A storm system tracking to our north will be close enough to deliver much of Colorado with extremely high winds, critical fire danger and minimal moisture for the next several days.
The jet stream is the fast-flowing “river” of air that moves from west to east about 5 to 9 miles above the Earth’s surface. Winds within the jet stream normally sustain around 100 mph but can be as strong as 275 mph.
Storms within the mid-levels of the atmosphere can bend and move the jet stream and that is what is going to happen across Colorado this week. The jet stream will be almost directly over Colorado for several days and that will create windy conditions for us for many days in a row.
You can really see this river of air in the GIF above and how it bends and moves. The overall strength of the jet stream doesn’t change much this week but the direction of the winds will, and that will factor into the weather that we expect down here on the ground.
First off, this week will likely be filled with high fire danger. We already had some wildfire action this year and under the conditions that are coming, if a fire does start, it will spread incredibly fast. Be prepared for this week regardless of whether you live in a fire-prone area or not.
Fire danger — in the form of critical fire weather conditions — may continue through this entire week and into the weekend, so we’re not just preparing for a day or two, but possibly an entire week of heightened fire conditions.
You may have already noticed breezy conditions on Monday, but Tuesday is when you’ll really start to notice the high winds. High wind alerts have been issued for many areas of the state ahead of Tuesday’s winds.
Tuesday morning into the afternoon, the winds will pick up. Gusts are expected to reach over 60 mph in the Foothills from Bailey to Estes Park and Red Feather Lakes. From Fort Collins east to the Nebraska and Kansas border, winds will gust 50 mph to 60 mph at times. From Boulder to Denver to Colorado Springs, wind gusts on Tuesday should near or eclipse 40 mph at times but gusts to near 50 mph are possible.
Tuesday will also come with a cold front. You’ll notice a dip in temperatures and some extra cloudiness around. Thanks to the cold front, an isolated rain shower is possible, but due to the dry surface conditions, it may be hard for the moisture to reach the ground.
Wednesday, you’ll notice temperatures drop again as colder air behind the front settles in. It will again be another very windy day on Wednesday. Similar to Tuesday, Fort Collins to Denver to Colorado Springs will feel winds gust up to and over 40 mph to 50 mph. The highest winds will be found in the Foothills and far Eastern Plains where gusts could go over 60 mph at times. Wind alerts are likely to be issued ahead of Wednesday so expect that. It will be a much sunnier day on Wednesday.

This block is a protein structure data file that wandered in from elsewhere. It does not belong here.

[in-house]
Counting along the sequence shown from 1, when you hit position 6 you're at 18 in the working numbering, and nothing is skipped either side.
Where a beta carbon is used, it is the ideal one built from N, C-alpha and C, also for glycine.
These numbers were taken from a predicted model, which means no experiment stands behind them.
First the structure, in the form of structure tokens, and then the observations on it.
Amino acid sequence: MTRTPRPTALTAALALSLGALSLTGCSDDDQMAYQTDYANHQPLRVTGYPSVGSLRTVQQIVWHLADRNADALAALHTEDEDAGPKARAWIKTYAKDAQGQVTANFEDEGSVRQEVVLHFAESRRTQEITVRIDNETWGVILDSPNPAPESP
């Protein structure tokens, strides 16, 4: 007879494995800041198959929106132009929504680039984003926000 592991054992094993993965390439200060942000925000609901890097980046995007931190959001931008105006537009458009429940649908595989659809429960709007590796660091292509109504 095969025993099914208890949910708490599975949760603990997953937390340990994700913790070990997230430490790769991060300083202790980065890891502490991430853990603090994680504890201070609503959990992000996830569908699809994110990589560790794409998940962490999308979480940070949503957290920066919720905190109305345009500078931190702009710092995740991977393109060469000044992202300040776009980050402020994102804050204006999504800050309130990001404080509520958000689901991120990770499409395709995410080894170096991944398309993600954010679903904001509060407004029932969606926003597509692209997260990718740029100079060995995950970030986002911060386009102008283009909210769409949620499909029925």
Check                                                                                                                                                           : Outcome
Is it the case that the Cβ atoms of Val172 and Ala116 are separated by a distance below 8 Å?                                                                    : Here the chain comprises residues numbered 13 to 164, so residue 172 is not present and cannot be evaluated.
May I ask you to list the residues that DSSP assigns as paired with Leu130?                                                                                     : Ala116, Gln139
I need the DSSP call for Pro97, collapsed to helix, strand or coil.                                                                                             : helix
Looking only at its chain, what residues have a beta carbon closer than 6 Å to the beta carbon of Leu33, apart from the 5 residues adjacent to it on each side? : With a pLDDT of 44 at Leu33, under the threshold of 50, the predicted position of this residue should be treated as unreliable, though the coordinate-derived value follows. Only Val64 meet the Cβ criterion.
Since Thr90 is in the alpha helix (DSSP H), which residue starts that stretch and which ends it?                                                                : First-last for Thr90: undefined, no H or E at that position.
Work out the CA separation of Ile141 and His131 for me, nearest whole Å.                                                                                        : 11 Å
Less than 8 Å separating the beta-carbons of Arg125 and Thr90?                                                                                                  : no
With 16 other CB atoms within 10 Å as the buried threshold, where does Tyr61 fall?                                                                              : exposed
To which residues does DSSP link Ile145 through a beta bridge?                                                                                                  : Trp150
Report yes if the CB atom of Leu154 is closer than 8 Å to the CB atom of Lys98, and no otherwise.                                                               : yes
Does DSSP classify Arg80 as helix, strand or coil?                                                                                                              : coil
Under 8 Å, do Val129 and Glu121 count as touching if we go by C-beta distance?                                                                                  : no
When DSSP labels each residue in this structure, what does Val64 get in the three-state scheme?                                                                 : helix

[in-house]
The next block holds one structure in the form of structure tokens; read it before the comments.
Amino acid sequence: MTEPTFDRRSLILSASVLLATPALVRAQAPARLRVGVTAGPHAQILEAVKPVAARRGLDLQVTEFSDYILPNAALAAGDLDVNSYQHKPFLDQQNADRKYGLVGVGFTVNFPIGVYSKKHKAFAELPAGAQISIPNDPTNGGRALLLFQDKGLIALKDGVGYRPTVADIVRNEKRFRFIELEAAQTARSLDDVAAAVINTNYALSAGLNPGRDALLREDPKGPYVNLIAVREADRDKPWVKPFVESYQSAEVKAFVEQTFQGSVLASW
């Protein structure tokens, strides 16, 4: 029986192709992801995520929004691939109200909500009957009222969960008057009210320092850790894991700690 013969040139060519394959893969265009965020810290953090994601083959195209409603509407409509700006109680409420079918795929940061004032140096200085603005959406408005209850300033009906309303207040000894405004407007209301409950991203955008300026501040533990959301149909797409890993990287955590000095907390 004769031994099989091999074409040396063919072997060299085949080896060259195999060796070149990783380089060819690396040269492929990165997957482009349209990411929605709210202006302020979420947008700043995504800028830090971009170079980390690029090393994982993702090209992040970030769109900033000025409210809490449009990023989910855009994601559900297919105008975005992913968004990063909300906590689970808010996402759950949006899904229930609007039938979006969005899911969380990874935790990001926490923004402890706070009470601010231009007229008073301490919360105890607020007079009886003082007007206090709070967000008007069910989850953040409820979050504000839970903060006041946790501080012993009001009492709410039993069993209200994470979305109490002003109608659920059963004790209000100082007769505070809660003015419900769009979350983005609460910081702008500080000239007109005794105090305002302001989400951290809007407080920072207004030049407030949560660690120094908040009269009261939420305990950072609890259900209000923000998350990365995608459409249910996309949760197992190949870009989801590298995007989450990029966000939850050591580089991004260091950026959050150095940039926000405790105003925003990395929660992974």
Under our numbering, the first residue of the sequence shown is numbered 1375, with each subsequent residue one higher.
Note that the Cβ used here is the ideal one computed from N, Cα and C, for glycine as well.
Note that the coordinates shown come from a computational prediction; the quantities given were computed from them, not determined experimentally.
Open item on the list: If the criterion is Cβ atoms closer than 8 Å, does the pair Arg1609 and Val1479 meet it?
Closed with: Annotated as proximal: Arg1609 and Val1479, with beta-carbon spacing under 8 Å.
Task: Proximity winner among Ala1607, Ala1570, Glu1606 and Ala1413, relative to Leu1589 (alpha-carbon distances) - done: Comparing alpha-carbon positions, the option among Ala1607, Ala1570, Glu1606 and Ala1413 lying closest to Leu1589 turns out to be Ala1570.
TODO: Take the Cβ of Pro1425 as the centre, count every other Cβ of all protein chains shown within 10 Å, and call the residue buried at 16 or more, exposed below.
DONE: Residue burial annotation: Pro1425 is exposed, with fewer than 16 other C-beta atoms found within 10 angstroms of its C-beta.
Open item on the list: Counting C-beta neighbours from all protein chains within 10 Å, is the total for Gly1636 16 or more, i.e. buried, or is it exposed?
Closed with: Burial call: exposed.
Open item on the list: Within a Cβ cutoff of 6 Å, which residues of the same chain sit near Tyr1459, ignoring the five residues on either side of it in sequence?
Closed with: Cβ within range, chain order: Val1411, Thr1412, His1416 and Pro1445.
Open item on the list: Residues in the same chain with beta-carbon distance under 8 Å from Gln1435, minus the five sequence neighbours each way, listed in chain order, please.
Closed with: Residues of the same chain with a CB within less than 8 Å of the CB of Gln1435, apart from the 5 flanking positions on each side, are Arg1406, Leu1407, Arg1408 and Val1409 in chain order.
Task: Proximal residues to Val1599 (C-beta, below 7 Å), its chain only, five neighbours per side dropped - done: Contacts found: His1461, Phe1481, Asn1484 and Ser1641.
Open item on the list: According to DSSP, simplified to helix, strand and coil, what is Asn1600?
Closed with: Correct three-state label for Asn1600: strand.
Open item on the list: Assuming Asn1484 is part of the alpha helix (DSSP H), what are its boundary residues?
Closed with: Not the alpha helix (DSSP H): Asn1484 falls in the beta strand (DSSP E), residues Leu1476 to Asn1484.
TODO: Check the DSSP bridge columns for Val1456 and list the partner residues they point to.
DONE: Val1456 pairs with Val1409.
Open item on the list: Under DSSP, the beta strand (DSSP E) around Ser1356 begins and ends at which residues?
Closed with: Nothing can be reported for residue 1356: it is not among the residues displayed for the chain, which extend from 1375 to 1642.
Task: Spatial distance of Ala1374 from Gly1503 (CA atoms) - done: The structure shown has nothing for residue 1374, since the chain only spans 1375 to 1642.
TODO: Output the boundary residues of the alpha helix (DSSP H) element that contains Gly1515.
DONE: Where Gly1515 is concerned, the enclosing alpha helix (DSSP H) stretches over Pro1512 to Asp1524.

Thursday brings another day of breezy to windy conditions to the region and thanks to the windy storm beginning to push east, we’ll see warmer temperatures in the afternoon on Thursday. Winds will still be gusting over 30 mph along the Interstate 25 corridor in the afternoon. Friday is when we will notice the winds really subsiding. We’ll still have elevated fire danger into this weekend as a ridge of warm and dry air sets up.
The mountains will have very windy conditions over the next several days, but thanks to some snow showers, fire danger won’t be as high. The topography of Colorado’s mountains will aid in creating snow showers over the highest elevations north of Interstate 70 and when combined with high winds, reduced visibility is expected across the mountain passes. Prepare for winter driving conditions through Wednesday if you have travel plans.
Overall, although we’re not talking about widespread heavy rain or snow potential, it will be an active weather week in Denver and Colorado. Driving could be difficult if you have a high-profile or lightweight vehicle. If you can, secure any loose items that could blow away in the wind. And please, do not do any kind of burning this week.
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